| September 11, 2013

Because Ohigan is a term that literally means “The Other Shore,” it is a season and a service that makes us think about what the Pure Land might or does mean to me. One of the things that the Pure Land does force us to think about is the inevitability of going to the Other Shore; it forces us to think about what Rennyo Shonin called goshou no ichi daiji (“the single greatest thing following birth”) or death.

In thinking about this, I was once again reminded of a conversation I had with my then 5 year old daughter. For some reason, she came to my wife and me and asked, “Am I going to die?”

I looked at her and, while wondering why she wanted to ask such a question, answered, “Yes you will.”

She then stated, “But I don’t want to die.”

“I don’t want you to die,” I replied.

“Are you going to die?”

“Yes, I am.”

“Is mommy going to die?”

“Yes, she will.”

“But, I don’t want you guys to die.”

“Thank you. Nobody wants to die, but because we were all born, we all have to die.”

“Are you scared?”

“It can be scary.”

“I don’t want to die.”

“I know. But, that’s why it’s so important to live.”

There have been other conversations. One that I want to paraphrase here is that the “importance of living” is not anything like what we have come to call Carpe Diem. Although Carpe Diem is often presented in romantic and idealistic terms, it also tends to lead to a life of abuse: it almost seems to be a way for us to numb ourselves to death by overstimulating ourselves. If it is not Carpe Diem, then how does one experience the importance of living? My “answer” and the one that I have shared with my family is “appreciation.” This, I think, is one of the main ideas that Shinran Shonin tried to share with us in his understanding and appreciation of the Nenbutsu. He expresses this with words like (in translation), “extol,” “praise,” “deeply understand,” “appreciate.” Hopefully, this is how I am living my life. Hopefully, this is what I have been able to share and express to my family: both the one at home and the one at the temple.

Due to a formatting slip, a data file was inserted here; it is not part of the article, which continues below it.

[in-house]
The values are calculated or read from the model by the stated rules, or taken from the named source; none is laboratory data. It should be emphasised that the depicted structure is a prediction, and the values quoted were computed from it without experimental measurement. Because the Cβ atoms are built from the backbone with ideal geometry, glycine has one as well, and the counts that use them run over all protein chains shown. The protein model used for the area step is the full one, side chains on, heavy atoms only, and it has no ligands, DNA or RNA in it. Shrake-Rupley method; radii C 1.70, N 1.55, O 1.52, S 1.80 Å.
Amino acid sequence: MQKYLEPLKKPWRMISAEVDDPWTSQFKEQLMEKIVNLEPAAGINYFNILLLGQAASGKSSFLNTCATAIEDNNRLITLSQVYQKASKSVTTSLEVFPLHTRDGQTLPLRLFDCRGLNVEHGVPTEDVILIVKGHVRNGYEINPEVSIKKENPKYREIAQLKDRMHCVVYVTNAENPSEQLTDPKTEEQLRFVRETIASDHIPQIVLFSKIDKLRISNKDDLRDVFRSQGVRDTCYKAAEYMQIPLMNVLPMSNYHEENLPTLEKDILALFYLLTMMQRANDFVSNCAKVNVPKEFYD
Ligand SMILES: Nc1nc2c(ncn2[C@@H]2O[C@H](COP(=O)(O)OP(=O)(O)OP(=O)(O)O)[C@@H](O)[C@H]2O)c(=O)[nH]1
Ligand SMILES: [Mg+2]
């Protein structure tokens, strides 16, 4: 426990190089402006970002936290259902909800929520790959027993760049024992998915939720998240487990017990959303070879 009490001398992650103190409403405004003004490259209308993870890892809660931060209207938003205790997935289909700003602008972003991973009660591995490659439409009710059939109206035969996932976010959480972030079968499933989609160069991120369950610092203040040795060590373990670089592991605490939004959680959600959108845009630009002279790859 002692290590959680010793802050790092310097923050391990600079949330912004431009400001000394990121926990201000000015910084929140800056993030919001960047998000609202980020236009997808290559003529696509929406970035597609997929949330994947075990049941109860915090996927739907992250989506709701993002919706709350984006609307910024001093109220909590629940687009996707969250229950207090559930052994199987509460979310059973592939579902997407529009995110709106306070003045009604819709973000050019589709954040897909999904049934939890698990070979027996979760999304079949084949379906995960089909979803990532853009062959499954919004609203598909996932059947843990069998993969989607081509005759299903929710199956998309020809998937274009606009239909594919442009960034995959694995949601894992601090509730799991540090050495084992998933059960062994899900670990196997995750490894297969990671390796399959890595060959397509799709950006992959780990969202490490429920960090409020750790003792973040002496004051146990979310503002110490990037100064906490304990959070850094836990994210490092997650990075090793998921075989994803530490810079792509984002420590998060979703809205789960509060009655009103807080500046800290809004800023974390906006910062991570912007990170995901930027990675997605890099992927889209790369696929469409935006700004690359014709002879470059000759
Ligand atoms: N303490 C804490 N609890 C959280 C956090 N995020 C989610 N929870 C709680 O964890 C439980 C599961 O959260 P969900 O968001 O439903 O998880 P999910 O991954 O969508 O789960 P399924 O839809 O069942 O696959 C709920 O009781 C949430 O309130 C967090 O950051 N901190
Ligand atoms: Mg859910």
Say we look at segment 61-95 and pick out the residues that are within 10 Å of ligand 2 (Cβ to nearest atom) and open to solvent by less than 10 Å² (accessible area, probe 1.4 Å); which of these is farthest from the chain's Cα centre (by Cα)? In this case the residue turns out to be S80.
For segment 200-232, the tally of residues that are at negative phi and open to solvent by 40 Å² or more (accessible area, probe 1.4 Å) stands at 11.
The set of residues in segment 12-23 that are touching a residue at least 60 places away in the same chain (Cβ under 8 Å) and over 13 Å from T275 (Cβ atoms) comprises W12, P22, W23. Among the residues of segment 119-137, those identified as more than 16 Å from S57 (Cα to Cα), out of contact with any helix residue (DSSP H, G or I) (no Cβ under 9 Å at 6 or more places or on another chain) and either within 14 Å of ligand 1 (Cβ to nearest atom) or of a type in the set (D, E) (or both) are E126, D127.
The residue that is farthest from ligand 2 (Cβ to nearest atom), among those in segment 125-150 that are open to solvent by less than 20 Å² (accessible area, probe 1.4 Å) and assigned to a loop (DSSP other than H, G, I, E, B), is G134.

Rev. John Iwohara
September, 2013

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